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Searching…

Wednesday Wisdom πŸ™‚


Inspiration this week comes from the Gospel of Matthew 7: 7-8

Effective prayer: “Keep on asking, and you will receive what you ask for. Keep on seeking, and you will find. Keep on knocking, and the door will be opened to you. For everyone who asks, receives. Everyone who seeks, finds. And to everyone who knocks, the door will be opened.”


Last week, we headed south to tour colleges in Oklahoma and Texas. Over the years, Matt and I have encouraged each of our three girls to search for schools within a region of the country that they are interested in visiting. The summer before their junior year in high school, we take a family driving trip to see them. After participating in each one of her older sisters’ college trips, Karyn was excited to plan and execute her own! We toured five schools in seven days as well as visiting friends in Austin, Texas. It was a wonderful trip, and very fun to watch Karyn seek – knock – and receive a warm welcome at each of the colleges that she chose. Megan was able to travel back home from Wyoming to go along with us, so we were only missing Ashley Grace on the family trek πŸ™‚


All three of our family “college trips” have been meaningful, enjoyable and interesting. I think that is because we were very intentional about planning and executing them. Yesterday, the above Bible verses popped into my head. The Holy Spirit was reminding me that my faith journey is not so different from planning and experiencing a trip. It is my part to ask, seek, and knock. Those are action words and require my movement and intentionality. God’s part is then to help me to receive, find and ultimately to open the door. When the door opens, I again must intentionally move my feet to walk through it in faith. Salvation is a free gift from God. But, walking through the door and into faith with Jesus requires energy and work on my part.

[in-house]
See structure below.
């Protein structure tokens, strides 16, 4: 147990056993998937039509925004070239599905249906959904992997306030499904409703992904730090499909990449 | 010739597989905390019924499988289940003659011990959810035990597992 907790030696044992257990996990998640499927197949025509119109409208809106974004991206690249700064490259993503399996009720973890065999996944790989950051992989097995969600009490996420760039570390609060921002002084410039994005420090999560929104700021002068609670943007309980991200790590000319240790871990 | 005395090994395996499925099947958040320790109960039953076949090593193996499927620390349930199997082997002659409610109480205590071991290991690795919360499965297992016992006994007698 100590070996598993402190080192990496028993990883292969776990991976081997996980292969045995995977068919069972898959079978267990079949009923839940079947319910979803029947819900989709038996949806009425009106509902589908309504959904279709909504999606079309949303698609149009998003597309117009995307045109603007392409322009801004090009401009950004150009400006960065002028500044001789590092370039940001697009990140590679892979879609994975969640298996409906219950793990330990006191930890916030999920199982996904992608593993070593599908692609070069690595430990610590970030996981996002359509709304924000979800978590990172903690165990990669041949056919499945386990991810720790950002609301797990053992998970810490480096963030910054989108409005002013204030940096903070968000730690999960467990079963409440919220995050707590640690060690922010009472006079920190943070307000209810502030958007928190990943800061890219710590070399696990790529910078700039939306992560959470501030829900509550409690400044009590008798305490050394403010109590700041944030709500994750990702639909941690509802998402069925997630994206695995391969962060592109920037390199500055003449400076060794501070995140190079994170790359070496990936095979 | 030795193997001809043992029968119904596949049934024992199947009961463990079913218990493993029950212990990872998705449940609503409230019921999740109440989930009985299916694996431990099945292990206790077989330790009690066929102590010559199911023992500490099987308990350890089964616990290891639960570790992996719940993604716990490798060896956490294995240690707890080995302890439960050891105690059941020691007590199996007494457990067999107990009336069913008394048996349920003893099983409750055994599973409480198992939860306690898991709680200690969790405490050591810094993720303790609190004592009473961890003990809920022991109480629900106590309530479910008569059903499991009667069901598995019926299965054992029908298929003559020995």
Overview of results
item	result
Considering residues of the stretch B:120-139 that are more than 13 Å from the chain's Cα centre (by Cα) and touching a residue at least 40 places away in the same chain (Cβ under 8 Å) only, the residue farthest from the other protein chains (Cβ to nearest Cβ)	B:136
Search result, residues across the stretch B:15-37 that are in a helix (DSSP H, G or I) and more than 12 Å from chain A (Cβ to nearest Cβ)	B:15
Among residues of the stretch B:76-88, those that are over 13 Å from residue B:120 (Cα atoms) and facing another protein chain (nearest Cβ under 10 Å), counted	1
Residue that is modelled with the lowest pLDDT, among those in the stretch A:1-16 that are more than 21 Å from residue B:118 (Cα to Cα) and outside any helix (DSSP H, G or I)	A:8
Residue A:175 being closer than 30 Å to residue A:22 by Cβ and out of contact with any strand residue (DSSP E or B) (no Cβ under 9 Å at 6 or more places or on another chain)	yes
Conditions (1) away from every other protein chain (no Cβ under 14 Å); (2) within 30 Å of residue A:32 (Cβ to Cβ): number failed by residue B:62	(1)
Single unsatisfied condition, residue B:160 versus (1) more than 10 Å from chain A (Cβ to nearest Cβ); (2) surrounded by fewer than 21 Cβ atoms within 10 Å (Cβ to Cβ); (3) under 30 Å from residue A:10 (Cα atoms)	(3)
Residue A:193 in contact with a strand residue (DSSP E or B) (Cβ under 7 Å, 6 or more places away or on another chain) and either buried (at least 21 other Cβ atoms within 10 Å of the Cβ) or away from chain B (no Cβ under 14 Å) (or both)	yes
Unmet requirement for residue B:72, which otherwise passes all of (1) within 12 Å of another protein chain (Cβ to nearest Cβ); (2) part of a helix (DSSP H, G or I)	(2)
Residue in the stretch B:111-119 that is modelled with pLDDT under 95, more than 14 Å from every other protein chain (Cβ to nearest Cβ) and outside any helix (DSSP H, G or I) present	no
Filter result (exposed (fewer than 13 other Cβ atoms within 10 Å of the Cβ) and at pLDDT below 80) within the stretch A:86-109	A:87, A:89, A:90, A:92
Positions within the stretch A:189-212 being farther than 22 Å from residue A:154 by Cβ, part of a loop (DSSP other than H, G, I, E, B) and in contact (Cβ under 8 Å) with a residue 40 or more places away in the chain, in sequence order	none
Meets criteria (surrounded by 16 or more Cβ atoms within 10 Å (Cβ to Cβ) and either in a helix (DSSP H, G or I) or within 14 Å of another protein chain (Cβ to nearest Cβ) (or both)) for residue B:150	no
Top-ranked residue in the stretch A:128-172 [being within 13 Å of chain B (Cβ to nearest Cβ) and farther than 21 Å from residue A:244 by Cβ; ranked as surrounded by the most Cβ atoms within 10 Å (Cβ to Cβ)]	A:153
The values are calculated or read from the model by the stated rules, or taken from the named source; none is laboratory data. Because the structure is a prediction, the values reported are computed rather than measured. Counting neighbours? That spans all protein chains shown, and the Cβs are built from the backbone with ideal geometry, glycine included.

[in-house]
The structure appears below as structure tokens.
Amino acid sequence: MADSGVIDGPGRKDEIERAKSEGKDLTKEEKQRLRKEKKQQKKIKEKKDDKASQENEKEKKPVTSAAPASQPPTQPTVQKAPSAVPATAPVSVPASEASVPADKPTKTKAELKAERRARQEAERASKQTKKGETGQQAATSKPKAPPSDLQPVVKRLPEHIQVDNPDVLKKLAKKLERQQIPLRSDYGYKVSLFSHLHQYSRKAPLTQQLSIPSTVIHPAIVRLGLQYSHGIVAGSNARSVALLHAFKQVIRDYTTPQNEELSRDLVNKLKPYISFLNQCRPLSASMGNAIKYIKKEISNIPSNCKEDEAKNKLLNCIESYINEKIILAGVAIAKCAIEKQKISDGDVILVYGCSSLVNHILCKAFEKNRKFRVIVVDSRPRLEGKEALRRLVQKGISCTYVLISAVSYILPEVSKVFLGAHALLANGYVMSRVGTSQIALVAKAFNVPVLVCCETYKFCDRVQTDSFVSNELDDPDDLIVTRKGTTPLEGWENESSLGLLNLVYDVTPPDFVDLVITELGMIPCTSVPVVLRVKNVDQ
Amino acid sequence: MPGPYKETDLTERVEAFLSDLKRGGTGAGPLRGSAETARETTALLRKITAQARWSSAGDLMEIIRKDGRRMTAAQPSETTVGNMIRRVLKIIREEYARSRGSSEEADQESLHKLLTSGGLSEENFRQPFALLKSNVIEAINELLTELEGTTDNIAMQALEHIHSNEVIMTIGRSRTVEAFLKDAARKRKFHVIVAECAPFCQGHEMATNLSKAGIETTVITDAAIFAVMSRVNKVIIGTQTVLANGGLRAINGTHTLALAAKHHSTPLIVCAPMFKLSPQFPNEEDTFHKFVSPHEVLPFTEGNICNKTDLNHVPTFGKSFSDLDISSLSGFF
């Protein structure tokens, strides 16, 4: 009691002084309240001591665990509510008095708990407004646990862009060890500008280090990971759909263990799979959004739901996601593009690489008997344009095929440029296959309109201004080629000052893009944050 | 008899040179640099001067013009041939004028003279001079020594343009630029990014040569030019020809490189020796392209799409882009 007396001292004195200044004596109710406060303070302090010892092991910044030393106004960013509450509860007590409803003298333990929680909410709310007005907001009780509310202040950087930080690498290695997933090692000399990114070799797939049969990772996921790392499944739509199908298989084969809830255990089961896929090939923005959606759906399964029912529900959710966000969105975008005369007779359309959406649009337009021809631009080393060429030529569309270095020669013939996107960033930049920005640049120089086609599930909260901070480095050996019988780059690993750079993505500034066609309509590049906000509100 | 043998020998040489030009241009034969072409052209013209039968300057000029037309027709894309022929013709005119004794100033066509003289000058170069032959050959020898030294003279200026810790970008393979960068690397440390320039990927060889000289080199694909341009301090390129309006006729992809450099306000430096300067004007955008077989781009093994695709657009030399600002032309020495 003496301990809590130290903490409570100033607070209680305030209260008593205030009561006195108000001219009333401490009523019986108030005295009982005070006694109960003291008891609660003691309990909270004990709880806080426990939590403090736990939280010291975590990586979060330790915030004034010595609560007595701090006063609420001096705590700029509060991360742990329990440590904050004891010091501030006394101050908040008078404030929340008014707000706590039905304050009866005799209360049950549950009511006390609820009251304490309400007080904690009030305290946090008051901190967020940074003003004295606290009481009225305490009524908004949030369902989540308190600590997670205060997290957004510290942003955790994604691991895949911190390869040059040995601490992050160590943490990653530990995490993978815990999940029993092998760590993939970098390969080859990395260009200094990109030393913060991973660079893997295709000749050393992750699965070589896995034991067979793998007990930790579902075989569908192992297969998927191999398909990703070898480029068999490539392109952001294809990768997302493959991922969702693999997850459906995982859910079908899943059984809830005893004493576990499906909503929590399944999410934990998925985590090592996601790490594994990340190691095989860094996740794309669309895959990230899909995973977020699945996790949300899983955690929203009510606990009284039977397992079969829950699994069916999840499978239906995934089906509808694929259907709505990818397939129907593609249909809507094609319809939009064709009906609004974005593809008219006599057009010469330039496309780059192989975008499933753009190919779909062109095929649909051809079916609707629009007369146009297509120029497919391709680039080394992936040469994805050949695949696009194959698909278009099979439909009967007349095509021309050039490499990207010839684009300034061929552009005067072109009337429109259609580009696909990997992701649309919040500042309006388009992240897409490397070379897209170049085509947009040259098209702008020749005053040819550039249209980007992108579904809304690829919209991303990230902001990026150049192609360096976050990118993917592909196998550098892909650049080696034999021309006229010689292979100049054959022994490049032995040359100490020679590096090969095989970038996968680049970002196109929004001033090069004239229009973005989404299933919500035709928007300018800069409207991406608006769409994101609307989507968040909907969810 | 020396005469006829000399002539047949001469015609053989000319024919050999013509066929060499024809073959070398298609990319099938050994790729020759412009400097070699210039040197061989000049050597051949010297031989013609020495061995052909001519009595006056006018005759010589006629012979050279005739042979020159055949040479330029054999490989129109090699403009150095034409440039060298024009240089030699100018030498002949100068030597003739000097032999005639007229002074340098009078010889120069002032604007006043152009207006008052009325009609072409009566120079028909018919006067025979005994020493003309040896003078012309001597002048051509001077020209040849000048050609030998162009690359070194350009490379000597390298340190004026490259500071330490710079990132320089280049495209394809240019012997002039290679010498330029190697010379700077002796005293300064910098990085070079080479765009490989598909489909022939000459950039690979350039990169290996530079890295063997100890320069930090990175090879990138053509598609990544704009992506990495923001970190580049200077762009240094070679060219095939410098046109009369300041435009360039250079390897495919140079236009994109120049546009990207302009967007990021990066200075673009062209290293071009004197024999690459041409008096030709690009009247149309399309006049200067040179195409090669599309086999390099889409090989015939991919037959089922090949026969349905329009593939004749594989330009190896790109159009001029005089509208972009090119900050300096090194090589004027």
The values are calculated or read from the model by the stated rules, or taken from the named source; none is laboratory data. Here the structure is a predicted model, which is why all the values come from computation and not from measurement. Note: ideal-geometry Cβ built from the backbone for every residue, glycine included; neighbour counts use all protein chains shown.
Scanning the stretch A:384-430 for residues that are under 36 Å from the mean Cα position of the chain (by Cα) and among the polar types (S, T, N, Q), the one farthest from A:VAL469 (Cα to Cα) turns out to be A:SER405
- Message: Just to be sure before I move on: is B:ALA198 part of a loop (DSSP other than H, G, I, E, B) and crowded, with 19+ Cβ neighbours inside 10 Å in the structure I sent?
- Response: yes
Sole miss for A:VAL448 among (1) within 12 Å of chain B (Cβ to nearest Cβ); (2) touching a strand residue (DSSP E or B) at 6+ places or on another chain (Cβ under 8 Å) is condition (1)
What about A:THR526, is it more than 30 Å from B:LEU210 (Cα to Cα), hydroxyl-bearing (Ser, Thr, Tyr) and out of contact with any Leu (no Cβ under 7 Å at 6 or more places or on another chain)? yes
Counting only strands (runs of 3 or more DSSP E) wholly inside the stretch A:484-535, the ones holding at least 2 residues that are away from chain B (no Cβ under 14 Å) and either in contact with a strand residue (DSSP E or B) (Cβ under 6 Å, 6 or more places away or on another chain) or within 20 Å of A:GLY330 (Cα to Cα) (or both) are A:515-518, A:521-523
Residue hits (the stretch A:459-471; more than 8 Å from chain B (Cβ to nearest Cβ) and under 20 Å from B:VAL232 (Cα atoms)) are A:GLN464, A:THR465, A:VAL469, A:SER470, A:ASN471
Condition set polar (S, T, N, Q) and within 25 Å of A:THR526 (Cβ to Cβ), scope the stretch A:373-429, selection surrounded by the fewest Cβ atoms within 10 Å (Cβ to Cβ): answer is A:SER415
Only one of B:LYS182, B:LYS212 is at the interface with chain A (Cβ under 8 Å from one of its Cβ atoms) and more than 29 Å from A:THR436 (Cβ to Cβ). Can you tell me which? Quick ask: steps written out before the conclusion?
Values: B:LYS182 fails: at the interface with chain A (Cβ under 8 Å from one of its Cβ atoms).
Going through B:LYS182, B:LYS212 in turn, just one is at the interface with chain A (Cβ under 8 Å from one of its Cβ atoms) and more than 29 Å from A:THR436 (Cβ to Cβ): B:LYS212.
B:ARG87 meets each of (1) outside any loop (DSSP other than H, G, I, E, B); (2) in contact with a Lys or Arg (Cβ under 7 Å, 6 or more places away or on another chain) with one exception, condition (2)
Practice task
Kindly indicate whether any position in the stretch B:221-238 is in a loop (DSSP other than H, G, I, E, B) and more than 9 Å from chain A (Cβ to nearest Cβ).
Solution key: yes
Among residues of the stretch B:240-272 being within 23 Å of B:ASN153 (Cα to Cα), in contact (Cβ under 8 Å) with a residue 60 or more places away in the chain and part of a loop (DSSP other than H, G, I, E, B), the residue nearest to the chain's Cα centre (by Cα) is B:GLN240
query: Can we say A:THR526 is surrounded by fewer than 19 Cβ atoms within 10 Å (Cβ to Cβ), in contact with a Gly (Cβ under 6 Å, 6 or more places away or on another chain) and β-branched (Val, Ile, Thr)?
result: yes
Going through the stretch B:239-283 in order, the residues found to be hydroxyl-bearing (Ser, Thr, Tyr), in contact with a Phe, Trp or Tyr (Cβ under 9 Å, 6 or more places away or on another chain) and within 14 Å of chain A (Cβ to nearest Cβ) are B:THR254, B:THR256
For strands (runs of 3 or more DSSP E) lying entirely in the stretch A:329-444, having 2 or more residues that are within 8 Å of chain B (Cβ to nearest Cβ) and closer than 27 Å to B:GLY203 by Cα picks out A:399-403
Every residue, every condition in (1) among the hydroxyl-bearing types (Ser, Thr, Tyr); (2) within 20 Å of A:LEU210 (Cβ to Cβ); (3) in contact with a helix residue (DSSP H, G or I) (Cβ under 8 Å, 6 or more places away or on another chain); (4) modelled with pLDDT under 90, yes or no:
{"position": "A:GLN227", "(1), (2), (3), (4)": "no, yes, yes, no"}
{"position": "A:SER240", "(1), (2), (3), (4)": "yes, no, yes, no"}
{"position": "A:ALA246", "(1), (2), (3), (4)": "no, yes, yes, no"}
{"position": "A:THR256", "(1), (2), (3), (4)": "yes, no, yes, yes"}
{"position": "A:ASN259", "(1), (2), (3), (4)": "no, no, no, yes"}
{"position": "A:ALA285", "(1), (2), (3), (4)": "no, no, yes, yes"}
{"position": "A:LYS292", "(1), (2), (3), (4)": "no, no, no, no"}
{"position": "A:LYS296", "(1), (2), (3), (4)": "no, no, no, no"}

I remember when I was growing up, my parents would say “There’s no such thing as a free lunch.” At the time, I didn’t really give those words any deep thought. It took me a while to be inspired to ruminate on them. The “lunch” may be a free gift, but it costs me something to ask, seek, and to accept it. Once I accept it, I then have to eat it in order to experience it. All of that takes effort on my part even though technically it is “free”. Similar to the gift of a “free lunch”, God offers us a free gift of salvation. It is available to all who seek it and accept it.

I wonder how God feels while He is standing at the open door waiting for us to decide to love Him. I picture him standing there with open arms and a big smile on his face. I think of how patient He must be to keep standing there, to keep waiting for all of his children to seek, ask, and decide to walk through the door and into His arms. And, I cannot help but think of what a good, good, Father we have. One who pursues us with patience, creativity, and boldness. One who loves us so much that He gives us the gift of deciding. His answer is an open door. It is always “yes” because His greatest desire is to be with us πŸ™‚

I don’t know where Karyn will decide to go to college. But, I do know that wherever she goes, Jesus will be with her. As she searches, she will find a well of love that fills her each day.